The Asocial Networking
By Dhiraj Kumar
Social Media has intrigued me, more in the last couple of years when I realized the potential it holds. And on receiving a book review request from Dhiraj about his book I was more than happy to do it!
Thankfully, the book proved to be interesting enough for me to complete it, and not like a text book for dummies.
A debut attempt, this book somewhere reflects the author’s angst for the virtual world. This is one aspect I appreciate and would expect writers to keep in mind: Write what you truly feel- with convictions (but backed by strong facts/stats and data!)
The 150 odd essays (the author’s experiences) running over 300 pages reflect the debate between the real and the virtual world and how being offline is now a thing of the past. For those who aren’t online, they are as good as non-existent!
The author has some really stern views and I respect those, but maybe the virtual world is gaining prominence for a reason. Going all out and unleashing fury might not help at this stage. #justsaying
A slower evolution would do the trick, if everyone realizes the commercial propaganda that the virtual circle has in fact created around everyone one of us.
Many points in this book were too basic for me (sorry about that but I have read quite a bit in to social media) and thus felt repetitive at many places.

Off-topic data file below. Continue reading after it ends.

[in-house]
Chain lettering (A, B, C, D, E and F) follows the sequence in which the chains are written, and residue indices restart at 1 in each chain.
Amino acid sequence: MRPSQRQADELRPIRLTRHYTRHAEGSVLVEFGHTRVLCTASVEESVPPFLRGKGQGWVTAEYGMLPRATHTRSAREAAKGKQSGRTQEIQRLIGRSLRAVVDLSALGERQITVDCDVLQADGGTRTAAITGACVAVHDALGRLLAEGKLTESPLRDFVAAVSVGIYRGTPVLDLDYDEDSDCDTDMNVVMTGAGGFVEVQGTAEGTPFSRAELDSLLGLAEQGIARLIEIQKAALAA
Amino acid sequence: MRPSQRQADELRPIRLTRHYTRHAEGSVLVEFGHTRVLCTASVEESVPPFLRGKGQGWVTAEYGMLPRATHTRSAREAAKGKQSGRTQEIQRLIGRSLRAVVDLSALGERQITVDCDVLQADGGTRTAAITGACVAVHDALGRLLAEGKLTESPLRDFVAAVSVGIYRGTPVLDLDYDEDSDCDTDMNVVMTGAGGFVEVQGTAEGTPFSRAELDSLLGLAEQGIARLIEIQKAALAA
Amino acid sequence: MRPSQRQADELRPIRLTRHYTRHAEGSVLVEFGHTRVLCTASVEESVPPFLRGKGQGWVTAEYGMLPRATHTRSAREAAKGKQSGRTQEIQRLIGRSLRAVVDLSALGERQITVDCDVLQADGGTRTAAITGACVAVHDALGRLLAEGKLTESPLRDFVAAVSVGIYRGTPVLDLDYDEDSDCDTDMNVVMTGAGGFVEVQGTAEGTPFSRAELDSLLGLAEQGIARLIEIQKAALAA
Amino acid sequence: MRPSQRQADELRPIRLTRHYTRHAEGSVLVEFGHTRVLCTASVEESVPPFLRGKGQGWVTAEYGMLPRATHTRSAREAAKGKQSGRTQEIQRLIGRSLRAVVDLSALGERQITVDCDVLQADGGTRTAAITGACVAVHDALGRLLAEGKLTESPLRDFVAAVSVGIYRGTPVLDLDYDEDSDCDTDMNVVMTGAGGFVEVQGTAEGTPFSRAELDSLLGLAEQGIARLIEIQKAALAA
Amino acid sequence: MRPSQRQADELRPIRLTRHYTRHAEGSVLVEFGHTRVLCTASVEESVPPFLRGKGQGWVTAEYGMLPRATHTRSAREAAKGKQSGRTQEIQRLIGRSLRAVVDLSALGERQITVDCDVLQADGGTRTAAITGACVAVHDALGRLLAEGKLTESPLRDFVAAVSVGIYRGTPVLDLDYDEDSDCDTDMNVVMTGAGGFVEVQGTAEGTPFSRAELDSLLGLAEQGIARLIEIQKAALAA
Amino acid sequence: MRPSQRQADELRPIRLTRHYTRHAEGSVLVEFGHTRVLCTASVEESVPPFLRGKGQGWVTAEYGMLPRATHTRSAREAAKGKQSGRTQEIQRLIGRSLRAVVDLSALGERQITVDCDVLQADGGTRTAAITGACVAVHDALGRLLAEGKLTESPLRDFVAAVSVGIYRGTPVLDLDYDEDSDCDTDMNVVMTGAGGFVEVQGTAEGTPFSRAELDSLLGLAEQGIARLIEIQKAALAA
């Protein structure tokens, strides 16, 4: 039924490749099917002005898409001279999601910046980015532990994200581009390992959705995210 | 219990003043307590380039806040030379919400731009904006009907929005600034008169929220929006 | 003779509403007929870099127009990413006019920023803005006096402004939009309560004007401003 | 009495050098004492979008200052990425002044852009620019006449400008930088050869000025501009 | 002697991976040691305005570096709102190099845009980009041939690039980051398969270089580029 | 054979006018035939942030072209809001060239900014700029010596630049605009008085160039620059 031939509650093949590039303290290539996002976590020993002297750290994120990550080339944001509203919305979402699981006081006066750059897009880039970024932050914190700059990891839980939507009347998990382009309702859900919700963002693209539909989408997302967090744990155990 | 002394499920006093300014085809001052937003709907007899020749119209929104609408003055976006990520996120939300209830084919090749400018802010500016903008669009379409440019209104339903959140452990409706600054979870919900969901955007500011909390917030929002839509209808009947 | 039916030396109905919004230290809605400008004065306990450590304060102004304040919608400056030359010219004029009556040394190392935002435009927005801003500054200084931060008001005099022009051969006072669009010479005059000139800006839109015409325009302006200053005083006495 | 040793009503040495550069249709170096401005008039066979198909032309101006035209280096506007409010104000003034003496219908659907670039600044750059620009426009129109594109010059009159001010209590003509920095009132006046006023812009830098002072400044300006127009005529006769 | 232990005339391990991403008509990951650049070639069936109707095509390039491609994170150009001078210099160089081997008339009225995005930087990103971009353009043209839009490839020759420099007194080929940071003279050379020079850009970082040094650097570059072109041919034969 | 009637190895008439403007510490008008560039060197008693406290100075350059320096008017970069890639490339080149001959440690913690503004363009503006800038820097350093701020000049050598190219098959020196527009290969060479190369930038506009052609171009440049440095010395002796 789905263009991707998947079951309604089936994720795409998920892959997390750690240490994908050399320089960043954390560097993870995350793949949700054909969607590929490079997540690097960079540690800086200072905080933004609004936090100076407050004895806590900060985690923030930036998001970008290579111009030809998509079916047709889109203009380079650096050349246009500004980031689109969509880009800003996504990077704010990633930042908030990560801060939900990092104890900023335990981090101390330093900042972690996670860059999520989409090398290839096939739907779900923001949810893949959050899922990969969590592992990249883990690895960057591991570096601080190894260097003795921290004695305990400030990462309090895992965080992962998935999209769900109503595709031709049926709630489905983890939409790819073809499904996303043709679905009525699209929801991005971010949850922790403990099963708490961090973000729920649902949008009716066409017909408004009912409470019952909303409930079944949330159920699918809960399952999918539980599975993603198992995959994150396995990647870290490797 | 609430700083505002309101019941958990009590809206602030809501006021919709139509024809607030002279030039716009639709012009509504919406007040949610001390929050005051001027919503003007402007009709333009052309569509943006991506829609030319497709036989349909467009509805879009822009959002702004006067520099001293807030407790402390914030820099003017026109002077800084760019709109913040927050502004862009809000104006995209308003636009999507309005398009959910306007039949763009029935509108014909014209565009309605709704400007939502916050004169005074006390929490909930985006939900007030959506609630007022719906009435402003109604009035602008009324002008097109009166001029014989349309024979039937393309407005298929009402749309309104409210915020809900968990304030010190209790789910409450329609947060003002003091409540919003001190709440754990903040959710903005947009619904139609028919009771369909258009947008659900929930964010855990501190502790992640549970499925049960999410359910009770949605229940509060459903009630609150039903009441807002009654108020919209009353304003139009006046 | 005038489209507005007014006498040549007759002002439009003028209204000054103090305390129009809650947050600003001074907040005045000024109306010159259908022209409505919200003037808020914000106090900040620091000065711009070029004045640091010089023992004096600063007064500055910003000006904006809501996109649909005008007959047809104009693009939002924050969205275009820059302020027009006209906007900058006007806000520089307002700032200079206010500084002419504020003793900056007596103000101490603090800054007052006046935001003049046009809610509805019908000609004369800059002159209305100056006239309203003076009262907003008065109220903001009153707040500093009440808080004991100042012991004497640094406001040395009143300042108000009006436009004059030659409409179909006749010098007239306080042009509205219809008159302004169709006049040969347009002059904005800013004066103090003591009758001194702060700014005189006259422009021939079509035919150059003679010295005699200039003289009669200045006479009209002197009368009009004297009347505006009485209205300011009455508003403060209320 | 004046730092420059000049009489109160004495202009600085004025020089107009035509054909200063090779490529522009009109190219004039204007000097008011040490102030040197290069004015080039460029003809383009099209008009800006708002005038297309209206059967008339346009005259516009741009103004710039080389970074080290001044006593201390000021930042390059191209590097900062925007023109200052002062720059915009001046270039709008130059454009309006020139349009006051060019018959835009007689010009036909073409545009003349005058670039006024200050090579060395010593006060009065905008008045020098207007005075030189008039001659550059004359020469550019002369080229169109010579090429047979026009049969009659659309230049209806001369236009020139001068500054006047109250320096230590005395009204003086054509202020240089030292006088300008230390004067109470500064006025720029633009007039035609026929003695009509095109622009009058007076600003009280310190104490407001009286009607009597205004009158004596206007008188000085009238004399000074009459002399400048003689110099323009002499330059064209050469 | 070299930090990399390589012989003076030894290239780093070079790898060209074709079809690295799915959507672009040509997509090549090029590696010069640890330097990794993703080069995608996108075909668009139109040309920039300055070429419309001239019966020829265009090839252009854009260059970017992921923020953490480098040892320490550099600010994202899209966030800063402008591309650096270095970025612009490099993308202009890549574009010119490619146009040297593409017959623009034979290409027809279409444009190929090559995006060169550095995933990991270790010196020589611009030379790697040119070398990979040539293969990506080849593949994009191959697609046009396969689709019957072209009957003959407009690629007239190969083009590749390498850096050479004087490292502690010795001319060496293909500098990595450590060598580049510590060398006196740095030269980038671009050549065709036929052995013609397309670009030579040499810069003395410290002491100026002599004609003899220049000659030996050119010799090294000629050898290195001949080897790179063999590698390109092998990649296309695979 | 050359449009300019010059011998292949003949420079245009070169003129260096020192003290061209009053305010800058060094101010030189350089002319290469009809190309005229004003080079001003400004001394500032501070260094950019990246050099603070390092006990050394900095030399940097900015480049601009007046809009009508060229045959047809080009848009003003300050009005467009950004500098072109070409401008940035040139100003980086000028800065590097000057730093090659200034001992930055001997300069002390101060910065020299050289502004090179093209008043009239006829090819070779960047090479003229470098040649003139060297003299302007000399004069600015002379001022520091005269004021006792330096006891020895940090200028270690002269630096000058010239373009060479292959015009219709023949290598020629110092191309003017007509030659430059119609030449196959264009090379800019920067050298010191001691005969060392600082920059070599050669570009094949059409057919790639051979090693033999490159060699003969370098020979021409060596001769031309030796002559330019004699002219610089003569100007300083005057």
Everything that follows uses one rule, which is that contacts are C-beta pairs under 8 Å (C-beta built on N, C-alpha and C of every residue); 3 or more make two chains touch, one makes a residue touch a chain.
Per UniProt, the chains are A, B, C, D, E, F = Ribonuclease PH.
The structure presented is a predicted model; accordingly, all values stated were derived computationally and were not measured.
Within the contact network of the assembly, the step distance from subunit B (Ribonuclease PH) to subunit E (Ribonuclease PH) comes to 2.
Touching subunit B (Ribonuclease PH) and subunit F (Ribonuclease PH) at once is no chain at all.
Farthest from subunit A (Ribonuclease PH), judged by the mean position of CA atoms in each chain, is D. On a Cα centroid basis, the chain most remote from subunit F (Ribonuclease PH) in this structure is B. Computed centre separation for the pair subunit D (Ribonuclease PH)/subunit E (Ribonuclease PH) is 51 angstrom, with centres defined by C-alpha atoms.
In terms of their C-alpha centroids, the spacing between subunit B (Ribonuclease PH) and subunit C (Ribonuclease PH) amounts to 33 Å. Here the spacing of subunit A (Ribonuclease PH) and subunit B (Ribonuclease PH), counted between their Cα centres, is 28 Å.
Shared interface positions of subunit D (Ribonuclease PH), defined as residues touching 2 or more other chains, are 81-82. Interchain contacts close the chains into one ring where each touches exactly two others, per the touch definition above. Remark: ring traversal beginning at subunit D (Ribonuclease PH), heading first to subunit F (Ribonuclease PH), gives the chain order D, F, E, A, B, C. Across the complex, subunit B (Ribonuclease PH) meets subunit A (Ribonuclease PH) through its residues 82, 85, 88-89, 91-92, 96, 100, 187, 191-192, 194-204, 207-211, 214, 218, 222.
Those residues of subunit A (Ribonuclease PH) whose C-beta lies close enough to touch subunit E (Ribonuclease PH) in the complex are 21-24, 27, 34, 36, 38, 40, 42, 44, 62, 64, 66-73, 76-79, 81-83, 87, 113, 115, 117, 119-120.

Most of the author’s points/experiences do make for a good read- given the style of writing. Like decoding personalities with the kind of status updates or pictures or activities one indulges in.
My only woe was the fact that towards the end it wasn’t all that intellectually stimulating or arousing. Too much of repetition got me disheartened. New approach yes, but the freshness fizzled out.
Had he supported his views “against” social media with staunch proven facts/stats-I’d be more than a fan! Certain points mentioned here were an #EpicFail. Really.
Another very prominent point is: the author talks majorly about FB as his point of reference for Social Media. More prominence to twitter or linkein or google plus would’ve made this more interesting.
Social Media has a lot many advantages for those who can harness its powers. And for those who suck the life out of it, they only see the short comings. Maybe Dhiraj hasn’t had good experiences on FB but he should give it a fair chance. And other social media sites too. There are successful stories floating around too!
Yes, quite a few of us are hooked on to it (for various reasons) but the smart ones do know where to draw the line. I say, newbies should give it a read. They are the ones who need to know where to stop and think about the effects of social media.
Overall, it did make for a good read for me – as it gave me a chance to notice the opinions of a social media critic.
I would recommend it to youngsters more so who still aren’t very clear about the Social Media assets and short-comings. This book will reveal quite a lot to them.